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The Daily Need

Troy Davis, the death penalty and the toll executions take

Photo: AP Photo/David Zalubowski

Regardless of how one feels about the death penalty, or about the particular case of Troy Davis, there’s something worth remembering amid a frenzy such as this: There are real people involved, not least of all the man who was put to death amid doubts about his guilt.

About once a year or so, a case comes along that jars us from our complacency, reminds us that, as a society, we put people to death. Without making judgments about the efficacy of the death penalty as a deterrent against crime, or about its moral legitimacy as a form of justice, its worth noting that putting someone to death is a weighty thing, and it inevitably takes a profound toll on those involved.

The Troy Davis case was no different. As new evidence emerged over the years that cast doubt on the veracity of the witnesses’ claims — and as seven of the nine witnesses ultimately recanted their testimonies implicating Davis in the 1989 shooting of Officer Mark MacPhail — the jurors who had convicted Davis began to express their regrets.

One quote in particular seems especially powerful. In 2009, as Davis was facing a third planned execution date — the first two had been delayed as part of the lengthy appeals process — one of the jurors in his original trial, Brenda Davis, told CNN that she had changed her mind about Davis’s guilt. “If I knew then what I know now,” Ms. Davis said, “Troy Davis would not be on death row. The verdict would be ‘not guilty.'”

Retributive justice has been at the heart of our legal systems for centuries. One of the earliest formalized sets of laws, the code of Hammurabi, the Babylonian king, set down a draconian system of reciprocal punishment designed not only to deter crime but to chasten harshly those who breached the social contract. The system applied the principle of lex talionis — “an eye for an eye, a tooth for a tooth” — and prescribed retaliatory sentences often in excess of the crimes they were designed to punish.

It would be easy, then, to think of the Davis case as an outlier. We have, after all, been doing this for centuries. In 2010 alone, the United States executed 46 death row inmates. But, regardless of the circumstances of the case, or whether there’s any doubt about the guilt of the accused, executions inflict a grave spiritual and psychological toll on those tasked with setting them down. It is, perhaps, worth considering this toll as we debate anew the legitimacy of the death penalty in America.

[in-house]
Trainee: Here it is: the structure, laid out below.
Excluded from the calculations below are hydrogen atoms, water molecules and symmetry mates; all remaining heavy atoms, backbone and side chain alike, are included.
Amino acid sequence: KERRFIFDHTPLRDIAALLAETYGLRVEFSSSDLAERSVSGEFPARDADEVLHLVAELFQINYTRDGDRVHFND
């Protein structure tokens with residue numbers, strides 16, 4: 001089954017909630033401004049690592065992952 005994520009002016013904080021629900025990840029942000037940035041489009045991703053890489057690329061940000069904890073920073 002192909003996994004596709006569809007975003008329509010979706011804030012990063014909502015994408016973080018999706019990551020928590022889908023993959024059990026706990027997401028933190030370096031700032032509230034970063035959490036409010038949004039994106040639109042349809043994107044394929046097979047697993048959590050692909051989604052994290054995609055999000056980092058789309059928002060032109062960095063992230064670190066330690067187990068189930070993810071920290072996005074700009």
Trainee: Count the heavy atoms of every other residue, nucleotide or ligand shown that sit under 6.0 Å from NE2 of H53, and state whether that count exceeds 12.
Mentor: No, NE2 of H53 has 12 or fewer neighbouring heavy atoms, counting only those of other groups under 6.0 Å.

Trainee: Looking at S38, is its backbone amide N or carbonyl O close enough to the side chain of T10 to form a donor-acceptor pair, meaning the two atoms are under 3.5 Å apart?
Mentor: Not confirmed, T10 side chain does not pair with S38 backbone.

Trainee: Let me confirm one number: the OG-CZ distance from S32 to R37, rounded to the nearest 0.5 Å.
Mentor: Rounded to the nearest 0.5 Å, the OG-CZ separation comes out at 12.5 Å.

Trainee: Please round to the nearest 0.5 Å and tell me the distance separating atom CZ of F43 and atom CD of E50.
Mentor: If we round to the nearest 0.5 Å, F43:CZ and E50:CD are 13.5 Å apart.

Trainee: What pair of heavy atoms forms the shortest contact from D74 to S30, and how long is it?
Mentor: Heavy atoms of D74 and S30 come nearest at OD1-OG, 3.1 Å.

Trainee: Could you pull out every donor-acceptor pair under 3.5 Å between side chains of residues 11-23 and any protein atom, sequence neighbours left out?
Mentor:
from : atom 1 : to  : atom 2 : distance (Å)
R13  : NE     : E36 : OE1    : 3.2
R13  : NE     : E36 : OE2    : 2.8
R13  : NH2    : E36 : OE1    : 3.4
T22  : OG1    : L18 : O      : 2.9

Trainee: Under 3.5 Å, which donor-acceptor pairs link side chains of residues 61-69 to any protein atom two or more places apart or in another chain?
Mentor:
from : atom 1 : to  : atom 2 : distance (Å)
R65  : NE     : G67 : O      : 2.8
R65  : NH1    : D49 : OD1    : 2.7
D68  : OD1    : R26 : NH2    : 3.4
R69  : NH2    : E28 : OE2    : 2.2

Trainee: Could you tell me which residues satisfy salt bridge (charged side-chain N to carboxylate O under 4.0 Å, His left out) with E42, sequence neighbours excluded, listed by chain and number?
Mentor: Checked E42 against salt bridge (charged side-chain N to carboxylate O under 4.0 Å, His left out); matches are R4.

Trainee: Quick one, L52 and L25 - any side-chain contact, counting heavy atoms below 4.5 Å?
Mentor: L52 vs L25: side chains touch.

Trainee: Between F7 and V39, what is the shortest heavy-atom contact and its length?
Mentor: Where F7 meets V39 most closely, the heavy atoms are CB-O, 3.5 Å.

The Davis case is, in some ways, reminiscent of the last American execution to attract the glare of the international spotlight. In 2010, the state of Utah put a man to death by firing squad, only the third since the death penalty was reinstated in 1976. There are, of course, important differences: There were no doubts about the guilt of Ronnie Lee Gardner, who killed a bystander during a 1985 escape attempt from court. Nonetheless, the jurors in Gardner’s case were forced to make a wrenching decision: sentence him to death, or allow the possibility of his eventual release. At the time of Gardner’s sentencing, there was no option for life without parole.

Faced with that choice, the jurors sentenced him to death. But as Gardner’s execution neared, some began to express regret. The death sentence they rendered had haunted them for over two decades, the weight of a man’s life resting on their shoulders. Four of the jurors recanted their death sentences in affidavits obtained by Need to Know. Pauline Davies, who had held out under immense pressure from her fellow jurors by, among other things, locking herself in the bathroom, eventually acquiesced after days of heated debate. In a 2010 affidavit recanting her vote, Davies wrote that she had felt “coerced into voting for death.”

However we feel about the death penalty — and whatever impact this latest case has on our justice system — it’s worth remembering the grave personal cost that accompanies putting someone to death. For some, this cost is prohibitive; for others, it is a necessary burden. In fact, thousands of years of evolution have hardwired us to seek retribution in spite of the pain it causes us. We get an emotional high from inflicting retaliation, psychologists say, otherwise we would never do it — the personal cost is too great.

Colleen Cline, another juror in the Gardner case, gave voice to this private anguish in an interview with Need to Know last year. The pain of sentencing a man to death had remained with her for over two decades. Like Brenda Davis, the juror from the Troy Davis case, Cline was certain the outcome would have been different had the jurors known of the extenuating circumstances (Gardner’s psychological state, his history of physical and parental abuse). “I think we all would have gone for life without parole if that had been an option,” Cline said in an interview days before Gardner’s execution.

For outsiders merely observing a death penalty case, Cline said, it’s impossible to appreciate the weight of the choice confronting the jury. “I don’t think one really appreciates the magnitude of that until they’re actually in a position where that’s a decision that must be made,” Cline said. The magnitude of that decision, she added, stayed with her.

A lawyer for Gardner came knocking on Cline’s door one day, 25 years after the trial, asking her to sign an affidavit recanting her decision. Cline recalled what the lawyer told her. “I’ve been trying to put this behind me for 25 years,” he said. Cline responded, “‘Well, we all have.’”

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